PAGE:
Cartwright, N. and Marcellesi, A. (2016) 'Deliberating policy : where morals and methods mix.', in The philosophy of Philip Kitcher. New York: Oxford University Press, pp. 229-252.
Nancy Cartwright and Alexandre Marcellesi argue that policy decisions ought to be based on (1) whether the policy will be effective and (2) whether it is morally, politically, socially, and culturally acceptable. Greater weight, though, is often given to (1) because it is believed that we have better methods for answering (1) than (2). However, we are overconfident in our judgments about (1) because we “bank on” certainty, believe that “objective” methods—such as randomized controlled trials (RCTs)—are the best path to such certainty, and think that causality is linear and “God-given.” Causal relations are far more complex, while the objective relations we discover through RCTs are local, surface-level, and expressible only in language specific to the RCTs. Our mistaken ideas about objectivity, certainty, and causality lead us to overgeneralize from a few RCTs without adequately addressing the moral ramifications of doing so.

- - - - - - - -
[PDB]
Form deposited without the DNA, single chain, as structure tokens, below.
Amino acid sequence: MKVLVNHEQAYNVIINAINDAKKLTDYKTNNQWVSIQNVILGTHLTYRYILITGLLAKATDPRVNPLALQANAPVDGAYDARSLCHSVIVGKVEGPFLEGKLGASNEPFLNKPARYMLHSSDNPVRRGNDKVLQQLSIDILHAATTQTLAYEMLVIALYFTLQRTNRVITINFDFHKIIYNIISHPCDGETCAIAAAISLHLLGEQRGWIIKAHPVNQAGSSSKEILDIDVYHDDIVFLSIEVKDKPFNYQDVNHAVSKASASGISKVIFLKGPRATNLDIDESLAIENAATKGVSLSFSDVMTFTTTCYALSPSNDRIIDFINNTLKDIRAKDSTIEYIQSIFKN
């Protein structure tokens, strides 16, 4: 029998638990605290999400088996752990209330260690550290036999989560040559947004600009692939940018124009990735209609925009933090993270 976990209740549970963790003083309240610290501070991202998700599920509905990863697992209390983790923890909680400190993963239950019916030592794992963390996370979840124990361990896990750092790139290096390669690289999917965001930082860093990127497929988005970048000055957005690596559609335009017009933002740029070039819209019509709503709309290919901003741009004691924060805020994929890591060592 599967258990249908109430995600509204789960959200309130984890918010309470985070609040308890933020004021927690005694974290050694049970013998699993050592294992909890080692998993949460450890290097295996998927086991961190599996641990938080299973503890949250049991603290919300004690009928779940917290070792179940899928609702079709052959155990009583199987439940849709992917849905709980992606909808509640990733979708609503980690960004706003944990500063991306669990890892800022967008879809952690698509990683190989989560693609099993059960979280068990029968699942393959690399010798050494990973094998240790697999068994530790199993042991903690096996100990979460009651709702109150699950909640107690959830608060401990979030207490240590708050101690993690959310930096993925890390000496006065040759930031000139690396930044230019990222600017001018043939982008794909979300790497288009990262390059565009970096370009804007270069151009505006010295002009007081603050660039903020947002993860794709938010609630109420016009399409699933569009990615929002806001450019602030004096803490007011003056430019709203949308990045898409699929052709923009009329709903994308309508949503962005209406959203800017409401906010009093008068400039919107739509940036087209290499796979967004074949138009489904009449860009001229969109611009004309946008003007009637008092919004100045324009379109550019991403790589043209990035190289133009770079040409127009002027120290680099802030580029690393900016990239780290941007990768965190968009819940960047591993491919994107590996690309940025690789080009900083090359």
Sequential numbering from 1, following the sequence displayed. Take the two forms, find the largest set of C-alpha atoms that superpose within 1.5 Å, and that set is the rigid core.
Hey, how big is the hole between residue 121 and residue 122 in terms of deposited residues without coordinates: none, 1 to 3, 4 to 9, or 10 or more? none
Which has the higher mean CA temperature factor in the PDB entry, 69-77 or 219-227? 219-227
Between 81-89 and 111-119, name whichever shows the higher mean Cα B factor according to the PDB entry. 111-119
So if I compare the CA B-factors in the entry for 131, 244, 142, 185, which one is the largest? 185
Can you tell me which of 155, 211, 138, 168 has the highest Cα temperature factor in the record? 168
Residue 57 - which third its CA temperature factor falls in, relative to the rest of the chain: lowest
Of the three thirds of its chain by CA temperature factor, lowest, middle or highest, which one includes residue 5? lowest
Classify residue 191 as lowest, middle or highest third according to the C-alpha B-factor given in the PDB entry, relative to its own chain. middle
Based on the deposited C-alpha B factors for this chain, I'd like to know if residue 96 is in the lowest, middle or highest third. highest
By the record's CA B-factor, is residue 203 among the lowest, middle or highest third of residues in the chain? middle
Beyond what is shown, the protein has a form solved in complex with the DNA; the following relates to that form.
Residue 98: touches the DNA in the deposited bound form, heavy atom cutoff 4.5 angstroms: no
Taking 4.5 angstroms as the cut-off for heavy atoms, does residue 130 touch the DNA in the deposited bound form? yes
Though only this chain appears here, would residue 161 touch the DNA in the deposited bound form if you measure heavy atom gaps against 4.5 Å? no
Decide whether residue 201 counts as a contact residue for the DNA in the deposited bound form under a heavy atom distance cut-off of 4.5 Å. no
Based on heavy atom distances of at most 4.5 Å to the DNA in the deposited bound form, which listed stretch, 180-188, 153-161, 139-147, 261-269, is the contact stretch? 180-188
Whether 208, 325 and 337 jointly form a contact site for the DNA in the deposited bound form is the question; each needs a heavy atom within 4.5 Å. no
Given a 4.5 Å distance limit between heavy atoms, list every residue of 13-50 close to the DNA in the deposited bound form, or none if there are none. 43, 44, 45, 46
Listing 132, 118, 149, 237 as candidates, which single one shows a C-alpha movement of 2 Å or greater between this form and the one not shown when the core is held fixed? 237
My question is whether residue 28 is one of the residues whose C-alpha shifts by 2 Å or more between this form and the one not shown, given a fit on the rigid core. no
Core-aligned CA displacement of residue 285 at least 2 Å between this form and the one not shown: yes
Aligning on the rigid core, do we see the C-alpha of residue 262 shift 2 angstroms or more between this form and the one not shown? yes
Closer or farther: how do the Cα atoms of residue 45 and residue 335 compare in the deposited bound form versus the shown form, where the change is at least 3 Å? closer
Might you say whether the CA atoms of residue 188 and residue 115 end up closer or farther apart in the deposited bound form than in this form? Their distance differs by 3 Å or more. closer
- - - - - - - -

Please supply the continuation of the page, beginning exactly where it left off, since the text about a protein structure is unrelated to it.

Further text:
|Item Type:||Book chapter|
|Additional Information:||Also Durham University: CHESS Working Paper No. 2014-02.|
|Full text:||(AM) Accepted Manuscript|
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|Publisher Web site:||https://doi.org/10.1093/acprof:oso/9780199381357.003.0010|
|Publisher statement:||Deliberating Policy: Where Morals and Methods Mix by Nancy Cartwright and Alexandre Marcellesi, 2016, reproduced by permission of Oxford University Press. https://doi.org/10.1093/acprof:oso/9780199381357.003.0010|
|Date accepted:||No date available|
|Date deposited:||04 July 2018|
|Date of first online publication:||07 July 2016|
|Date first made open access:||No date available|
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